Jam v. Int'l Fin. Corp.
Supreme Court of the United States
October 31, 2018, Argued; February 27, 2019, Decided
[*764] [**58] Chief Justice Roberts delivered the opinion of the Court.
The International Organizations Immunities Act of 1945 grants international organizations such as the World Bank and the World Health Organization the “same immunity from suit . . . as is enjoyed by foreign governments.” 22 U. S. C. §288a(b) [*765] . At the time the IOIA was enacted, foreign governments enjoyed virtually absolute immunity from suit. Today that immunity is more limited. Most significantly, foreign governments are not immune from actions based upon certain kinds of commercial activity in which they engage. This case requires us to determine whether the IOIA grants international organizations the virtually absolute immunity foreign governments enjoyed when the IOIA was enacted, [***6] or the more limited immunity they enjoy today.
Respondent International Finance Corporation is an international organization headquartered in the United States. The IFC finances private-sector development projects in poor and developing countries around the world. About 10 years ago, the IFC financed the construction of a power plant in Gujarat, India. Petitioners are local farmers and fishermen and a small village. They allege that the power plant has polluted the air, land, and water in the surrounding area. Petitioners sued the IFC for damages and injunctive relief in Federal District Court, but the IFC claimed absolute immunity from suit. Petitioners argued that the IFC was entitled under the IOIA only to the limited or “restrictive” immunity that foreign governments currently enjoy. We agree.
In the wake of World War II, the United States and many of its allies joined together to establish a host of new international organizations. Those organizations, which included the United Nations, the International Monetary Fund, and the World Bank, were designed to allow member countries to collectively pursue goals such as stabilizing the international economy, rebuilding war-torn nations, [***7] and maintaining international peace and security.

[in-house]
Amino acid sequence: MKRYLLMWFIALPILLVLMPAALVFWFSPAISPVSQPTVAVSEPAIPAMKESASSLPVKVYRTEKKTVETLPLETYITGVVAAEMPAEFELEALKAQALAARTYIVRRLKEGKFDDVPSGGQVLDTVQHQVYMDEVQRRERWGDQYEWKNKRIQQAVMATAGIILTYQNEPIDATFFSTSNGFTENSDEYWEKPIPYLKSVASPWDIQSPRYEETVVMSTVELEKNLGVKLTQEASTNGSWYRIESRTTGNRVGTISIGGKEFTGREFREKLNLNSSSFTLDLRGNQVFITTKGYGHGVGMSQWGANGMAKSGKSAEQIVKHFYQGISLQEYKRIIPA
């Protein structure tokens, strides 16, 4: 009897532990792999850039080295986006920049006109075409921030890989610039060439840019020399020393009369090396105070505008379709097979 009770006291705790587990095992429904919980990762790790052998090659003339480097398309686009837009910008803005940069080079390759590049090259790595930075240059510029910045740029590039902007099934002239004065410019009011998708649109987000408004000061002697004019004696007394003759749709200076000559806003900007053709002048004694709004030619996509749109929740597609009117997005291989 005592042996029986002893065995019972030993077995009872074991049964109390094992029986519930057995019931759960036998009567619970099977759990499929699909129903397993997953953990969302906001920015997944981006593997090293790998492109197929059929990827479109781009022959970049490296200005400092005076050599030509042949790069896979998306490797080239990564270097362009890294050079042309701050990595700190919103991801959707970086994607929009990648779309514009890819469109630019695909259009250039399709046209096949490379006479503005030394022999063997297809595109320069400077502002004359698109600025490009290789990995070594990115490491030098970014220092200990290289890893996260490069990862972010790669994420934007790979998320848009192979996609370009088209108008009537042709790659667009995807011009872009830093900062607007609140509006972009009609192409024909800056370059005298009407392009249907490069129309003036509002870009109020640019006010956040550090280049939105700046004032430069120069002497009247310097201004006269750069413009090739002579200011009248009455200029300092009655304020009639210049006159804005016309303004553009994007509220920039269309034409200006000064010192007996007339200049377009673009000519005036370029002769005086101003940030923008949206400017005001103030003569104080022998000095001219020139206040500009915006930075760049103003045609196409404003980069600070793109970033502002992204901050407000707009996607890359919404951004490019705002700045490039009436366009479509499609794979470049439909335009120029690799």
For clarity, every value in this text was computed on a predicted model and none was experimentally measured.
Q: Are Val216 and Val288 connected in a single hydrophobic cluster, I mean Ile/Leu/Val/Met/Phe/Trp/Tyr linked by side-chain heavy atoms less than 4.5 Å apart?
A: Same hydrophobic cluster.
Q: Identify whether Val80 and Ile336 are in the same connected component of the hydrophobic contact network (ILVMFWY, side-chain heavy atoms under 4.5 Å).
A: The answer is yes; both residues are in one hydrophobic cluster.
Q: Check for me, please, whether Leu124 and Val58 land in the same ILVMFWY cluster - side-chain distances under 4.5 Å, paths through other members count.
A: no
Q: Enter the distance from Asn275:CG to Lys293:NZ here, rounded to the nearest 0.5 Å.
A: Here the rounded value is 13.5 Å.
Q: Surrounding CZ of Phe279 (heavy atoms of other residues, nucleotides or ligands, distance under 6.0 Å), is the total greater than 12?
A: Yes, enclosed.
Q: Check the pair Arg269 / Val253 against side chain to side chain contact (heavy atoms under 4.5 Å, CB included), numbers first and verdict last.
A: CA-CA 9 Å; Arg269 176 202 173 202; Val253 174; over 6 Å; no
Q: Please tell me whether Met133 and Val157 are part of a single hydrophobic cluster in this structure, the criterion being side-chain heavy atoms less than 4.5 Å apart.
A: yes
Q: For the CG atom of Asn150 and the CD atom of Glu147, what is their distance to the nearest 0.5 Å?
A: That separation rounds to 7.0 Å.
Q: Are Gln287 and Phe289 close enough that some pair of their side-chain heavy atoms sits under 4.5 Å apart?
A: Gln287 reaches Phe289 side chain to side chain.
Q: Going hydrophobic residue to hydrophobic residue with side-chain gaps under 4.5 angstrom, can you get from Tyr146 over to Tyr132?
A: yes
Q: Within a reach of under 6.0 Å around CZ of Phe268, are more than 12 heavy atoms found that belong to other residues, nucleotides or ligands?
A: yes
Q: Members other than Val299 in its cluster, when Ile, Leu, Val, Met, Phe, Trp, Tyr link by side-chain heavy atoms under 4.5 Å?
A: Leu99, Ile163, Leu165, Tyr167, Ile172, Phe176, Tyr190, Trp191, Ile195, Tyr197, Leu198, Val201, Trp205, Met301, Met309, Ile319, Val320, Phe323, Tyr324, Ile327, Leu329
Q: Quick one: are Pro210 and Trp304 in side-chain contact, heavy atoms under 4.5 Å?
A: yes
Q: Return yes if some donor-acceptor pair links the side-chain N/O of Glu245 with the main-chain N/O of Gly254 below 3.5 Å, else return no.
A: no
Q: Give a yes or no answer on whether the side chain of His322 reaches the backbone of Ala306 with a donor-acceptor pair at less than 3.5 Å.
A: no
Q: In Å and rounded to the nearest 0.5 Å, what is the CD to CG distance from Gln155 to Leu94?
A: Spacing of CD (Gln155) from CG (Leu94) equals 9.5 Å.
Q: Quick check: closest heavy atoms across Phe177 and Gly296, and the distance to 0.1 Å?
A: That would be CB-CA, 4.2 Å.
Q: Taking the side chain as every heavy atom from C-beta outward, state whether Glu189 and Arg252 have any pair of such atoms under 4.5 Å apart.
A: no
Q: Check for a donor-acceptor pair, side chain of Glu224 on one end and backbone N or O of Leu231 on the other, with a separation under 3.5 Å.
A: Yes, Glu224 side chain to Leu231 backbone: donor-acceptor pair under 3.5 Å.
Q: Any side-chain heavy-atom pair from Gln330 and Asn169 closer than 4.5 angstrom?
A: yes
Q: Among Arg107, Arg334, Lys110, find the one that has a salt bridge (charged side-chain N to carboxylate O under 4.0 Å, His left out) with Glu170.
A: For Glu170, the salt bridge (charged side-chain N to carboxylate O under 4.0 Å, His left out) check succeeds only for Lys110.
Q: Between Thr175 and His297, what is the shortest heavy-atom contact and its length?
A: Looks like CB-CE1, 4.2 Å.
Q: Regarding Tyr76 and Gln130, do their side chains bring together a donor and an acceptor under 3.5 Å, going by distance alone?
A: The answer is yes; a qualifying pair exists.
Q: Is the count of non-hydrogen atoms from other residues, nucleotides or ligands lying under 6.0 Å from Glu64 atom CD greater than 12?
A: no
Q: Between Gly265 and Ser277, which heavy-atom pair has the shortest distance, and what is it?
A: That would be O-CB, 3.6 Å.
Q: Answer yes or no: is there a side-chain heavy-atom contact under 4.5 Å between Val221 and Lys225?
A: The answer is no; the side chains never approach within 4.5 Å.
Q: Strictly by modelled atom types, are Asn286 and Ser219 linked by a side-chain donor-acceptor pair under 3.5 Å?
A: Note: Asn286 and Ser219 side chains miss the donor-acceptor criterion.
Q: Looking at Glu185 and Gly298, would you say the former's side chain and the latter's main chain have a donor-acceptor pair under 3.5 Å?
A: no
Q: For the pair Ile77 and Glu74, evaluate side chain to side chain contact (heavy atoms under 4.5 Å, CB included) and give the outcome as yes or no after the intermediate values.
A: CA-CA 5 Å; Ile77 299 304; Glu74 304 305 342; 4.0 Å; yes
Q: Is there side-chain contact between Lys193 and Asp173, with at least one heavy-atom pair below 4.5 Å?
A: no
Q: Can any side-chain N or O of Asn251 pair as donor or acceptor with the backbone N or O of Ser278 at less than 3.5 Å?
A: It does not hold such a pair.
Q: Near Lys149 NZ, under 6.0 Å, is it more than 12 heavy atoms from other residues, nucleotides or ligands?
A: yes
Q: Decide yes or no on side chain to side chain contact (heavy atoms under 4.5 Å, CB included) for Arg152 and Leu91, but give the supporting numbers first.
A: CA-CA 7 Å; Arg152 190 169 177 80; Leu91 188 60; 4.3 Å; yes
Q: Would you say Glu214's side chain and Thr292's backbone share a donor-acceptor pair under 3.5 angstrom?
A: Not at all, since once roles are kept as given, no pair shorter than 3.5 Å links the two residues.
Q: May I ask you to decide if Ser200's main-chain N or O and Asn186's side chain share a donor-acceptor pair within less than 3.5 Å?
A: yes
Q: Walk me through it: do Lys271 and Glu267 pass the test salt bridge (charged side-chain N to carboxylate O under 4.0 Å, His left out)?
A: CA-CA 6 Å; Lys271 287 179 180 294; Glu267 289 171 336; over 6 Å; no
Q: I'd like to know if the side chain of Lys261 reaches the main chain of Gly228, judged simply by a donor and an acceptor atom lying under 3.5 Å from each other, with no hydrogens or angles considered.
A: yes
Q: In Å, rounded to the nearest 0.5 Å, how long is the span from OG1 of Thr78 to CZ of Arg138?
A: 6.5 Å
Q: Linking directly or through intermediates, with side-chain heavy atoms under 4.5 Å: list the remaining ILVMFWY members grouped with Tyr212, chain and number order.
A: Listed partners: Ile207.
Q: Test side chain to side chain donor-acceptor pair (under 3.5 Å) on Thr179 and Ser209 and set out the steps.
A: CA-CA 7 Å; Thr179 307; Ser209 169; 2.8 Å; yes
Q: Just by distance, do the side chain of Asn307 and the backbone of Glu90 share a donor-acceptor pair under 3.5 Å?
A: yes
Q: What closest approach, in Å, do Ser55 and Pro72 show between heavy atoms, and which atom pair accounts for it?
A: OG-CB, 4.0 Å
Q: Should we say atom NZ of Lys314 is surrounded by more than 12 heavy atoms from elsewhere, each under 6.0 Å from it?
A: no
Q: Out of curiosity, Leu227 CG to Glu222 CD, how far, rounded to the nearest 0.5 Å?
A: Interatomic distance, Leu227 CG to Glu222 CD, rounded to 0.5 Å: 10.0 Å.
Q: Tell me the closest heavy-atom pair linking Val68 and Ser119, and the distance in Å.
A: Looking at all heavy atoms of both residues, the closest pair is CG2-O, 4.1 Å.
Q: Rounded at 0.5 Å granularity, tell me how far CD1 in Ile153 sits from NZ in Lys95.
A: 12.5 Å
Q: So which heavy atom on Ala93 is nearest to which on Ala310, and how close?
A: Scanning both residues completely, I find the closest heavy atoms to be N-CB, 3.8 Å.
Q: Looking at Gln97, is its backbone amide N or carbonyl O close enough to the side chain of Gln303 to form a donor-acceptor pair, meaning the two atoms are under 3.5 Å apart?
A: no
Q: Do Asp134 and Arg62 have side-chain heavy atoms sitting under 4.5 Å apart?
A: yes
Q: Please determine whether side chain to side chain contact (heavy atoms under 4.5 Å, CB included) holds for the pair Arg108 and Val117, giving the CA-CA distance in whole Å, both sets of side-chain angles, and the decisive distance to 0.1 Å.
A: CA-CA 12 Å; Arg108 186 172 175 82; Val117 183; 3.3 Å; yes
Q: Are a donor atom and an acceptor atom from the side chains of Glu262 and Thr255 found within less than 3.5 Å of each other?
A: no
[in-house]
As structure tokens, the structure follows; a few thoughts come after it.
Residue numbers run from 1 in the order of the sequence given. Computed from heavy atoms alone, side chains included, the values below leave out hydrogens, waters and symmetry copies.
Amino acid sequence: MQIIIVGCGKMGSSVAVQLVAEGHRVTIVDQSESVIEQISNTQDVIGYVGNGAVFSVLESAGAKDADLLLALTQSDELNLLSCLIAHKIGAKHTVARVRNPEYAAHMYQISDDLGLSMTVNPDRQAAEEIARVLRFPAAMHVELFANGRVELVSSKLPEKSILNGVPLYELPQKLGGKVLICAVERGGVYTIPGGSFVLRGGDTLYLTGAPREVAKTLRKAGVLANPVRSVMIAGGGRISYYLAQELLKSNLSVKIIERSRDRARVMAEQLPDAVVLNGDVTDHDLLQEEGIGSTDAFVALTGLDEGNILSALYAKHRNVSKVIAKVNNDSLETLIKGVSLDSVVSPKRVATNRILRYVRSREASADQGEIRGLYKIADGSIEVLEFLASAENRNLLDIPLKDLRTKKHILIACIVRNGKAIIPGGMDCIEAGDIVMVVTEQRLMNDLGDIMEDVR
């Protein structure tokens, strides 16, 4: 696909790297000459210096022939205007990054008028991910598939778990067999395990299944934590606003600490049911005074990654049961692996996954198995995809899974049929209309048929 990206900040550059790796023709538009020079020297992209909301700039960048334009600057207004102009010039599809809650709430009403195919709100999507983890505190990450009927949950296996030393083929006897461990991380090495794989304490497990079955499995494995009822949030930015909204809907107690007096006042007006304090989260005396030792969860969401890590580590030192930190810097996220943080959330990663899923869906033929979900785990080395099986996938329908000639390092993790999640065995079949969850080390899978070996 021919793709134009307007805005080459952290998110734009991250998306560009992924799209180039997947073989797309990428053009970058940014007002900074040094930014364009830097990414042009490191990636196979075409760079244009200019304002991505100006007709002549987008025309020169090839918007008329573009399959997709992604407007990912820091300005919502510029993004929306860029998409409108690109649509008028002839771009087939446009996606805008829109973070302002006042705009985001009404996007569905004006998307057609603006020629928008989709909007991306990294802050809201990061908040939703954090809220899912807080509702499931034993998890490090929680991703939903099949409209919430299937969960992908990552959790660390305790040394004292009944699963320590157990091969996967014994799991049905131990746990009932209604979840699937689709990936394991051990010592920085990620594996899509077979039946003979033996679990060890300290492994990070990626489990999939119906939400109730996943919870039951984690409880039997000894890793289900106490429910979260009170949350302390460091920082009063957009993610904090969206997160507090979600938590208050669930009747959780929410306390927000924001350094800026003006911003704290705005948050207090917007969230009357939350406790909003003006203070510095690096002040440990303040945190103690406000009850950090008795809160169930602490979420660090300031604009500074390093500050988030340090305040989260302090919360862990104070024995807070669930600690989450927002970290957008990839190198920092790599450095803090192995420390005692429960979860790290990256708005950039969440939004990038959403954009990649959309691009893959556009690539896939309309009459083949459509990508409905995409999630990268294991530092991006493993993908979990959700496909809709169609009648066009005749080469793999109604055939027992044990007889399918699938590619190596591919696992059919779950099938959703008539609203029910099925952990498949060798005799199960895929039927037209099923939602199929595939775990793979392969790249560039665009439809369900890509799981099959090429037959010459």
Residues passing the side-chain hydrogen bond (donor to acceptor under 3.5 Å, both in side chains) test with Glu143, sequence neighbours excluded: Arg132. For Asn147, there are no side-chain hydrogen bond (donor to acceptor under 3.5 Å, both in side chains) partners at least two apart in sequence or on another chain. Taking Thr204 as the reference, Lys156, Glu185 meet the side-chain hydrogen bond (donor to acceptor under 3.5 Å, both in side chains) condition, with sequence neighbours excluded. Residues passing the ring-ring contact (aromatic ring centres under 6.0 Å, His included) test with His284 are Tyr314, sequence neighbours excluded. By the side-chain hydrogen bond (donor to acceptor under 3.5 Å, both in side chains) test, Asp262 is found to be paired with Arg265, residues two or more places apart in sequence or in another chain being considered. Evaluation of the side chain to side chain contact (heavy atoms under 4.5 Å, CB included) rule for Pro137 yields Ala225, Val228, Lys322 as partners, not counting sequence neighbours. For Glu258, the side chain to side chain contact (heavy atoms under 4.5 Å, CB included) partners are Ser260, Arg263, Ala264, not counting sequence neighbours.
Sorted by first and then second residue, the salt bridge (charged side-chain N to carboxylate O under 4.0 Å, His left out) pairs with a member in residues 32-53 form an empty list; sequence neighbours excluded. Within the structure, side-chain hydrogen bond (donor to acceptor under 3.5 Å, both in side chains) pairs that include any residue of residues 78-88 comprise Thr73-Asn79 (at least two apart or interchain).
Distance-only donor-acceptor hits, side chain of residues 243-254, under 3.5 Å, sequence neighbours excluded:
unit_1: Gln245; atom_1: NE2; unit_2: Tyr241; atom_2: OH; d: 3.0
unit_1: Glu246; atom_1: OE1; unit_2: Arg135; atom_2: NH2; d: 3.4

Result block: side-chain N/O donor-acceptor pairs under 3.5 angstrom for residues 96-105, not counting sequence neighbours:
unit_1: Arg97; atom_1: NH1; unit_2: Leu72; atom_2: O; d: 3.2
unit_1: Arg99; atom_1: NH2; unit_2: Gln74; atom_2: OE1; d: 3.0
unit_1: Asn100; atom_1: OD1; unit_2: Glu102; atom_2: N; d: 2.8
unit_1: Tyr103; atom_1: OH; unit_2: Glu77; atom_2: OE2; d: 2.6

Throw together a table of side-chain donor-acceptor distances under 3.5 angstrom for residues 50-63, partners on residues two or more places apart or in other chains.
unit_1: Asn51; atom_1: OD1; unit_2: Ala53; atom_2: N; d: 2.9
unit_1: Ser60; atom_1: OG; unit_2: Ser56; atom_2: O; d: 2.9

Anticipating that those and other international organizations would locate their headquarters in the United States, Congress passed the International Organizations Immunities Act of 1945, 59 Stat. 669. The Act grants international organizations a set of privileges and immunities, such as immunity from search and exemption from property taxes. 22 U. S. C. §§288a(c), 288c.Read The Full CaseNot a Lexis Advance subscriber? Try it out for free.
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139 S. Ct. 759 *; 203 L. Ed. 2d 53 **; 2019 U.S. LEXIS 1594 ***; 49 ELR 20033; 86 ERC (BNA) 3907; 27 Fla. L. Weekly Fed. S 670; 2019 WL 938524
BUDHA ISMAIL JAM, et al., Petitioners v. INTERNATIONAL FINANCE CORPORATION
Notice: The LEXIS pagination of this document is subject to change pending release of the final published version.
Subsequent History: As revised July 16, 2019.
Prior History: [***1] ON WRIT OF CERTIORARI TO THE UNITED STATES COURT OF APPEALS FOR THE DISTRICT OF COLUMBIA CIRCUIT
Jam v. Int'l Fin. Corp., 860 F.3d 703, 429 U.S. App. D.C. 410, 2017 U.S. App. LEXIS 11160 (D.C. Cir., June 23, 2017)
Disposition: 860 F. 3d 703, 429 U.S. App. D.C. 410, reversed and remanded.
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International Law, Foreign & International Immunity, Sovereign Immunity, International Organizations, Foreign Sovereign Immunities Act, Construction & Interpretation, Governments, Legislation, Interpretation